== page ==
I think I know what my problem is, but I thought I'd ask before ripping things apart. I'll explain my issue. I'm helping a friend build a RMH in his new place. It all started out on a bad foot since he lives on the second highest hill in our county and the only practical place to locate the stove was on the wall that receives the prevailing wind.
The entire core is firebrick. My feed tube is 7X7, as is the heat riser....but, I screwed up and made my burn tunnel low, only 4 1/2" high by 7"wide (a bit of a bottle neck right off the get go). So I know that's a problem. But here's the thing, when the clean out is open, the thing runs famously...it roars. But when we shut up the clean out and make it vent outside, it runs for a bit, but not efficiently, then stalls out after a bit and smokes up the house. Exhaust tube through what will be the bench is 8" and runs 26 feet which includes seven elbows before it goes out the wall. Fortunately they're not living there full time yet, but they need to soon.
At first I thought the problem was just the fact that we were facing the prevailing wind, but after trying all our possibilities for preventing back draft (except for a tall chimney), it is still performing the same.
so is my burn tunnel being small not allowing enough air in for a good burn plus restricting the unit so that it can't get enough velocity to push the exhaust through the bench? Is the added resistance of the exhaust tube the reason why it runs well with the clean out opened, but not with it shut?
if it roars, I don't think I would be changing the burn tunnel size, if you feel the barrel heat is substantial, don't change the stove. if the clean out CAP, or a crushed pipe does not restrict the exhaust flow...I would go with your gut feeling about the outside wind preventing good exhaust discharge, I hope a smoke stack is all that is needed. Hope ya update with what worked and what didn't.
Well, the burn tunnel was enlarged, and it definately runs better, but the wind is still affecting it.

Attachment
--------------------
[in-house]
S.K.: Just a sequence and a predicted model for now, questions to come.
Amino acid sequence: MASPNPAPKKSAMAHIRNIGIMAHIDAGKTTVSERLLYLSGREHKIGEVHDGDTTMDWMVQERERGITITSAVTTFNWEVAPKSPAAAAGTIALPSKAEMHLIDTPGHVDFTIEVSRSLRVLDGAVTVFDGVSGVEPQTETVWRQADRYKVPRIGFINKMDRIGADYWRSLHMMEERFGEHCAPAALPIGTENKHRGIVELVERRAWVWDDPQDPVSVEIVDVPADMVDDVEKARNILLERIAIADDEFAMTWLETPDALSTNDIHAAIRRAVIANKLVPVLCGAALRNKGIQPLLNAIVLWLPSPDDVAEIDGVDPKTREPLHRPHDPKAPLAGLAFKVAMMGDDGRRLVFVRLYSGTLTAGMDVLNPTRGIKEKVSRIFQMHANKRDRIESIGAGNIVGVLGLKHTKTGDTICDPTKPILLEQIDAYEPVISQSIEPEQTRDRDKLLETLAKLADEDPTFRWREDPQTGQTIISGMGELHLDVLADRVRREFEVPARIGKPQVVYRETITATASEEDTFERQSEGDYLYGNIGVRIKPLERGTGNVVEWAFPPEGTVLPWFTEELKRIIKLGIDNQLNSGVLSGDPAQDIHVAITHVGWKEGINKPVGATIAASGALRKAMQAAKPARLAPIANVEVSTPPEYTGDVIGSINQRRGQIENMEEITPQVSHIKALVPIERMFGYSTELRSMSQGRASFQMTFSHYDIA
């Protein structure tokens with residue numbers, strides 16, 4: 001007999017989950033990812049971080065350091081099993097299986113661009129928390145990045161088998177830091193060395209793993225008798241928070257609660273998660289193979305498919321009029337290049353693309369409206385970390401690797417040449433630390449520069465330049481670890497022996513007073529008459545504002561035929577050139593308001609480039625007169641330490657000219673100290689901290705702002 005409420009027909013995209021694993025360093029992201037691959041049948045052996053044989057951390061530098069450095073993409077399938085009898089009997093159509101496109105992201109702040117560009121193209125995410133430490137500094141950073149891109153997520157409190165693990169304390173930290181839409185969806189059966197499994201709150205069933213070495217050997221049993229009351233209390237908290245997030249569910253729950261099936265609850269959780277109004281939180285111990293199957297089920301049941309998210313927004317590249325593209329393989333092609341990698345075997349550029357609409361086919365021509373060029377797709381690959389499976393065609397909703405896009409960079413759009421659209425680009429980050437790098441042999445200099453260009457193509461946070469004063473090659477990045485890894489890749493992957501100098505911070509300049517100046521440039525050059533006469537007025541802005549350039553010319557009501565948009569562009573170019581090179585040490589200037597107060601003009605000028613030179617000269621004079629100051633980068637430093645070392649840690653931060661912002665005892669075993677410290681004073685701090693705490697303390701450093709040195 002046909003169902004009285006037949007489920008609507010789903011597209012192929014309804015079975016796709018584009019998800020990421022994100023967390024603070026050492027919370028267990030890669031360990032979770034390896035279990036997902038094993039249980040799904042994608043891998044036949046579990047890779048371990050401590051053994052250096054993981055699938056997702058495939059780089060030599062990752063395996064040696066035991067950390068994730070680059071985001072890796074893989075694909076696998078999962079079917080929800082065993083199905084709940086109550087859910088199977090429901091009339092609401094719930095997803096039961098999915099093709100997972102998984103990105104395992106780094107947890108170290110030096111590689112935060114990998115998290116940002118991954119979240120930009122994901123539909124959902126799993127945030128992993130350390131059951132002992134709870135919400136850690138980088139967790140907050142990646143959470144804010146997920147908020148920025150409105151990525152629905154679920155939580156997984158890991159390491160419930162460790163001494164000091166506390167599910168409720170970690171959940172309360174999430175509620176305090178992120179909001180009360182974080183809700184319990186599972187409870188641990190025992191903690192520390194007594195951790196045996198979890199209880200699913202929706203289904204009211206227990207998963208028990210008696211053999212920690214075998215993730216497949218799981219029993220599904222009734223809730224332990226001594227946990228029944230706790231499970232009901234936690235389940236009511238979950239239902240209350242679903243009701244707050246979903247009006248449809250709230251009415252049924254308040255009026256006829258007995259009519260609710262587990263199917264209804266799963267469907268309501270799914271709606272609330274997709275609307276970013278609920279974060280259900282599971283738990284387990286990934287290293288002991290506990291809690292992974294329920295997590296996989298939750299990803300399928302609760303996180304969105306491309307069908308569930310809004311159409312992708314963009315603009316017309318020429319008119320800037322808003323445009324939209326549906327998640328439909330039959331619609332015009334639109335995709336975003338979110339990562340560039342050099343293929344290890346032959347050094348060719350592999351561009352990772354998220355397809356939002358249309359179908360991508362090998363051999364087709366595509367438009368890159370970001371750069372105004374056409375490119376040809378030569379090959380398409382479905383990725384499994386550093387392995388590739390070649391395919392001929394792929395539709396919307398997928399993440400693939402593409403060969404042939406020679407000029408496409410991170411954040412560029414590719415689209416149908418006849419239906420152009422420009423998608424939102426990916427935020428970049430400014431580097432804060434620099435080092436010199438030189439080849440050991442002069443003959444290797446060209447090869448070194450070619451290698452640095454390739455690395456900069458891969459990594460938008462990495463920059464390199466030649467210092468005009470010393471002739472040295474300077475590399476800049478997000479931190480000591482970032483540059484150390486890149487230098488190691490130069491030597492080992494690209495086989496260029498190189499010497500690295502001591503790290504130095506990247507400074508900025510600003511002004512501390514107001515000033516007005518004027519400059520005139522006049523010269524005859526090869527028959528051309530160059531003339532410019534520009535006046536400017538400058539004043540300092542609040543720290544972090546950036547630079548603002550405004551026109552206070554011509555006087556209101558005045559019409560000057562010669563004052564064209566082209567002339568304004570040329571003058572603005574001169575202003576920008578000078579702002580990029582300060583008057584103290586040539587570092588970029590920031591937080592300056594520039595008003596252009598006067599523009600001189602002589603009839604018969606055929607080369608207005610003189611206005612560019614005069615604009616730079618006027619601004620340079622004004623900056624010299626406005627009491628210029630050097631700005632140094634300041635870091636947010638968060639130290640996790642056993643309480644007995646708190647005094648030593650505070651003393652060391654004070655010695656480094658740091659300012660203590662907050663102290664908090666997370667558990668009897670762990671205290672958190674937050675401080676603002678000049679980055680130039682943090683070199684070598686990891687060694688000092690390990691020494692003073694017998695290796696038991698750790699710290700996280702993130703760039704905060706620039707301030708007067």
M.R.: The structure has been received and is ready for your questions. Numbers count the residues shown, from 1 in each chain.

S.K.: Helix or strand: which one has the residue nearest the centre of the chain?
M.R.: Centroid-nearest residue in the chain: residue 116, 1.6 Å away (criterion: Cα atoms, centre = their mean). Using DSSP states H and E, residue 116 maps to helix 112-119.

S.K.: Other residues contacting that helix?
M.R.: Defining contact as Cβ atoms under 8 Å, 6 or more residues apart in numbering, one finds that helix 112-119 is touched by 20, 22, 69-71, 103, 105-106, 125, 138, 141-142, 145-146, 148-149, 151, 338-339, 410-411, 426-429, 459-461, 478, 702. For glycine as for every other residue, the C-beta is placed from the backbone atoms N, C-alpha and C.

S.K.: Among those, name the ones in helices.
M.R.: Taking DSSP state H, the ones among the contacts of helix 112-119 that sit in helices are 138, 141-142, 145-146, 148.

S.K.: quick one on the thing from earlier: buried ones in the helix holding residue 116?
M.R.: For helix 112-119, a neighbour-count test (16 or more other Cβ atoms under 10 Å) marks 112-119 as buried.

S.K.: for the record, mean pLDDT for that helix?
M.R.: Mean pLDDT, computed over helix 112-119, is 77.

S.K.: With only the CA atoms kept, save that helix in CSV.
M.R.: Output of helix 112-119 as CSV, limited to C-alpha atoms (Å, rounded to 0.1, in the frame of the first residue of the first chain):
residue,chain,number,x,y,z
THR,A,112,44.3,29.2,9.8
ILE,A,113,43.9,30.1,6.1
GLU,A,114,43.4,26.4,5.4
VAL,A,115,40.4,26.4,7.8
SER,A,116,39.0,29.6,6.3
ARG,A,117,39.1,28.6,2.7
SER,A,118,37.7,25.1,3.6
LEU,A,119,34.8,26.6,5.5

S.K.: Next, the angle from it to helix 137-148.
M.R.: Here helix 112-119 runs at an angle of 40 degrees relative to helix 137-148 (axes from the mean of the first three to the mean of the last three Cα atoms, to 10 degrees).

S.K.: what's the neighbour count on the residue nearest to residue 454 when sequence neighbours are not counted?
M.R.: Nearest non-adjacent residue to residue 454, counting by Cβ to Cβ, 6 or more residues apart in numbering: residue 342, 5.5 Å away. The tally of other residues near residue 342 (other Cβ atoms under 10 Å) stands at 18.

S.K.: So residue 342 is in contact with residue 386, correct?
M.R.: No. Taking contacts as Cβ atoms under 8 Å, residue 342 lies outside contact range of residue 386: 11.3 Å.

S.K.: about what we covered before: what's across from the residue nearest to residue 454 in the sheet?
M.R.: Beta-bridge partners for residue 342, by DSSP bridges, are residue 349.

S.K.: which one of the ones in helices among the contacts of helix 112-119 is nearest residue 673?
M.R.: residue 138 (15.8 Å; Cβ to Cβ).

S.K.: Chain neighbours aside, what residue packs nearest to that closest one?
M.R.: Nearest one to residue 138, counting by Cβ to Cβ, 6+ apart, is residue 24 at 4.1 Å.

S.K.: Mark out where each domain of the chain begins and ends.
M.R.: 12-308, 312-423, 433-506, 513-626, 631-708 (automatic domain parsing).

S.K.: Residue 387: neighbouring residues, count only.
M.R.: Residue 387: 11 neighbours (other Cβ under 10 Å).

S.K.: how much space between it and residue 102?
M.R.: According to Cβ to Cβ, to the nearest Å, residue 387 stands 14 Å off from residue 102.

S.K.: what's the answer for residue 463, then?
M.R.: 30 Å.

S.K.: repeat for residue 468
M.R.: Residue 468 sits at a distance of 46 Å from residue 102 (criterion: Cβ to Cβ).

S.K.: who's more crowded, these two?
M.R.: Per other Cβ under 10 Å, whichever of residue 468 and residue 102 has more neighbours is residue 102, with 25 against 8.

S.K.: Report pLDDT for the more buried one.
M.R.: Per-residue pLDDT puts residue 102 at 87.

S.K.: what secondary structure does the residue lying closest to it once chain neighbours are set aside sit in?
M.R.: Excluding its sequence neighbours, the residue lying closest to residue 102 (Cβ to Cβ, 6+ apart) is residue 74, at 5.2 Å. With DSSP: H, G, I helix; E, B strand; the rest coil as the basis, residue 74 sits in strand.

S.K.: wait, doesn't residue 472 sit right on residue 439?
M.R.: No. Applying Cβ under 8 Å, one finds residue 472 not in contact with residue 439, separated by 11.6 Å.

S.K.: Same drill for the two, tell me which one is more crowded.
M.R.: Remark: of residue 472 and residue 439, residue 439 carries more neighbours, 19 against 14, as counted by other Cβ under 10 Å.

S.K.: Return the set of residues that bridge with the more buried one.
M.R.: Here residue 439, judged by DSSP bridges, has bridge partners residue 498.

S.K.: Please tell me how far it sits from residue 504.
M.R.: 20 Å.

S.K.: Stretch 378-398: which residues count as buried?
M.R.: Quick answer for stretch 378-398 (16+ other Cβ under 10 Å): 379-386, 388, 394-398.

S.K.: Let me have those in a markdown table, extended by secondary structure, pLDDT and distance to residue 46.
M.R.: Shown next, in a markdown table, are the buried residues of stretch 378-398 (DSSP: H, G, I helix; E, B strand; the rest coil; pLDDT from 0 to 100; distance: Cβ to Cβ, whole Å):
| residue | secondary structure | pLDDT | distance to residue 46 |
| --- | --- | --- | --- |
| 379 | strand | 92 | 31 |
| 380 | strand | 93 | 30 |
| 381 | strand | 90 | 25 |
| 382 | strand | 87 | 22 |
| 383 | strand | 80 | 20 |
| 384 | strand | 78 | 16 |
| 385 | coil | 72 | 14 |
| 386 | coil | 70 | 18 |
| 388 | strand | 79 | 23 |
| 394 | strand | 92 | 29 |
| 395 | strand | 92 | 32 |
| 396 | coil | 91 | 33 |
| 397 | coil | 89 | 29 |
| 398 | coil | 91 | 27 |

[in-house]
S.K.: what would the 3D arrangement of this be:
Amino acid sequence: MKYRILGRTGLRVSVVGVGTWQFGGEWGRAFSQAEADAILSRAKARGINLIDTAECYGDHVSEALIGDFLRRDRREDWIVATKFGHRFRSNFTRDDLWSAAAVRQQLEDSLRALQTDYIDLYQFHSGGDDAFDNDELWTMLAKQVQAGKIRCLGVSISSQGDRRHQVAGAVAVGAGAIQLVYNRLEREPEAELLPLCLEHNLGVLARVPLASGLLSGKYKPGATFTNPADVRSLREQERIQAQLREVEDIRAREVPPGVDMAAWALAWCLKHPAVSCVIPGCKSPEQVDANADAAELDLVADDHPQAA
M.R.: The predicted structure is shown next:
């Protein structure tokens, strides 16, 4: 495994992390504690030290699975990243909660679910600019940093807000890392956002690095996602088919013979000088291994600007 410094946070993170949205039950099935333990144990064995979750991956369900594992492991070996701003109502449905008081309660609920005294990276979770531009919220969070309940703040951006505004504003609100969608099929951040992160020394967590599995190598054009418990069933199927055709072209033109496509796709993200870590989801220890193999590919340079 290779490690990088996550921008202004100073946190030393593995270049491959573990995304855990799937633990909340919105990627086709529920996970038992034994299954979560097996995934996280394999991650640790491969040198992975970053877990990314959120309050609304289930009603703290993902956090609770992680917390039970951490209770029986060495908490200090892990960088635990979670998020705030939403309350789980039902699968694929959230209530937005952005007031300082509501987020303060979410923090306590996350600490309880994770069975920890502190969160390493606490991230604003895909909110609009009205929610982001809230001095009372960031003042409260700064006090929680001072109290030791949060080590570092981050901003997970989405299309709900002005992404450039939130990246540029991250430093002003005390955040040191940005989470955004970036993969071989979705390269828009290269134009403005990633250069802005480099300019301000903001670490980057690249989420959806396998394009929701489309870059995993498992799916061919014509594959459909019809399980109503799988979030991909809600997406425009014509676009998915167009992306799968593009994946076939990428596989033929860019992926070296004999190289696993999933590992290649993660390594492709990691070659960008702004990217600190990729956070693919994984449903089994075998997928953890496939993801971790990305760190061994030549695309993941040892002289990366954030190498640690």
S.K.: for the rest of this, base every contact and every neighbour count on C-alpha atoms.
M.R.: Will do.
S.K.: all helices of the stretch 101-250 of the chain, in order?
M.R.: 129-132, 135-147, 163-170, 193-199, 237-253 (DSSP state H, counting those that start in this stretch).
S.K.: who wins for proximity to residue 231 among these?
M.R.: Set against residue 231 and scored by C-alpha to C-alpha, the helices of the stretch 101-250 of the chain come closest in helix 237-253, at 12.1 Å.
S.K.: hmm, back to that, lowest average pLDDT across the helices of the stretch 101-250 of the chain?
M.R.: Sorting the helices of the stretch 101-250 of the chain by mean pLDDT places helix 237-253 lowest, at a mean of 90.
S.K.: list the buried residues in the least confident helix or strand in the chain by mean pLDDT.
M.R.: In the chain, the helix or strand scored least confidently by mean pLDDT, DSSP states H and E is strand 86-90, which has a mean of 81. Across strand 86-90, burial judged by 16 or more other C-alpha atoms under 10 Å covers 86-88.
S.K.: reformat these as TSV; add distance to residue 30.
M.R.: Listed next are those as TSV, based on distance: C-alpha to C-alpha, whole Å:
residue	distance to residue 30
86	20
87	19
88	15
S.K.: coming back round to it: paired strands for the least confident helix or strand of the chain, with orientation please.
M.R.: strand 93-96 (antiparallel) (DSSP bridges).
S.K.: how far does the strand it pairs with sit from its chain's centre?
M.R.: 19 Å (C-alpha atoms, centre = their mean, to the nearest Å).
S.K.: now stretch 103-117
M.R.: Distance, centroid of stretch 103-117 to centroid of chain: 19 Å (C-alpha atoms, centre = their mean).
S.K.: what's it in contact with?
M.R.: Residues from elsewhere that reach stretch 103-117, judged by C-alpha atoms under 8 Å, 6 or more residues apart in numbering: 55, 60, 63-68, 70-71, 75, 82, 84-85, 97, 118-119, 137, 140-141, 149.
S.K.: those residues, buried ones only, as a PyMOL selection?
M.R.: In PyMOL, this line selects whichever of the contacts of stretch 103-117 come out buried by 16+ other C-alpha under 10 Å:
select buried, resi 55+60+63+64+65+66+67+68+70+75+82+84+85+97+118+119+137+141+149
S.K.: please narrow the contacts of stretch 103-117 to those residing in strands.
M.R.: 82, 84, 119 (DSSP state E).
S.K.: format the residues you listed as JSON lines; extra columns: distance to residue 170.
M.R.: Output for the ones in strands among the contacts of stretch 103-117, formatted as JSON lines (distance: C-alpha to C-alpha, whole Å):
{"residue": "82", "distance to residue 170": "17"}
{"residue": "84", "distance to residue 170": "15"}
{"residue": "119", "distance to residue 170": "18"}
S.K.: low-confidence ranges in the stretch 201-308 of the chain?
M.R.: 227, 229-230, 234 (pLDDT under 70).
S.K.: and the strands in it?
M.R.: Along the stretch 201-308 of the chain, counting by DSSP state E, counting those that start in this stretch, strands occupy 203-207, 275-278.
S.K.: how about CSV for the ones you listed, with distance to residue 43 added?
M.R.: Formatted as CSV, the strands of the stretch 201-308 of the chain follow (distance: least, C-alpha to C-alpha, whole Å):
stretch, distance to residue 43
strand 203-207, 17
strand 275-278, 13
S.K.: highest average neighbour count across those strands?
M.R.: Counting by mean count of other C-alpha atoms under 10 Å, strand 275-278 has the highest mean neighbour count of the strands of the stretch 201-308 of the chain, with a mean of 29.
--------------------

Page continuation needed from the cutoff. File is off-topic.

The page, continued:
My concern about running the chimney pipe all the way up(two stories) is that with the exhaust being as cool as it is, if the wind isn't blowing and making draw, will the exhaust cool down too much and not be able to climb out, effectively back the thing up again and smoking the house out anyway?
Maybe if we put the chimney up, but where the exhaust penetrates the house wall we can put a T fitting in with the vertical chimney pipe on top of one side of the T and the let the other side of the T face down and leave it open. Perhaps that way when no wind is blowing the exhaust will fall down and out, but then when wind blows, it will suck it upward?
Another thought is, could the fact that I used 8" for the exhaust duct be making a situation where there is not enough push generated to overcome the wind? My thinking in using it was that since the bench is compact(only 8' long), but deep (more like a bed than a bench) and uses 7 elbows in 26' of run, that the larger diameter would decrease resistance created by all the elbows.
Oh my, just listened to Ernie and Erika's podcast. what never dawned on me is that the roof in the second story is not buttoned up. The whole house is a chimney. How many years have I been doing this? DOH!!!
I had the same problem last year when I went to exhaust my bench to the outside.
Wind or no wind there was a positive pressure outside the house where I wanted to exhaust.
So I hooked up the old 21' of triple wall chimney left over from my old wood stove and it runs fine.
If the stove is cold (like it is when you fire it up right now every other day or so) we have to light small fire in the last clean out to push out the slug of cold air in the chimney, after that she roars to life no problems.
Well, that was it. We buttoned up the stairway to upstairs and problem solved except for some wisps in a quite sitff breeze. Very windy day today. I'm confident a little work on the outside will resolve that nicely.
I've been away from building appliances for a few years due to hometeading and growing veggies for market....I guess my brain just got a little rusty.
Actually, this was about as easy as it gets really. I'm confident that I can put the next core together in no more than an hour or two max.
This is so quick and easy in comparison to a masonry heater. I've put a couple masonry heaters together as well as built a couple of "poor man" heaters using old flap damper style fireplace inserts and creating a secondary burn chamber above it by enlarging the smoke chamber and making it out of fire brick and putting in a sliding steel shut off in the chimney to close off after the burn was done and accomodating expansion just like in a masonry heater. But heck, we built this with new materials and I don't think there is 400 bucks in it yet. Even the "poor man" units I built ten or twelve years ago cost a few grand, so no comparison and much more total energy harnessed for butt warming.....sweet.
Now I'm going to break my books back out and do a refresher on wood burning appliance info and combustion just to get the cobwebs out.....and then I'm going to get one started in my own house, then the greenhouse and likely the home of another friend.
I knew I would regret that burrito. But this tiny ad has never caused regrets:
An EPA Certified and Building Code/UL Compliant Rocket Stove!!!!!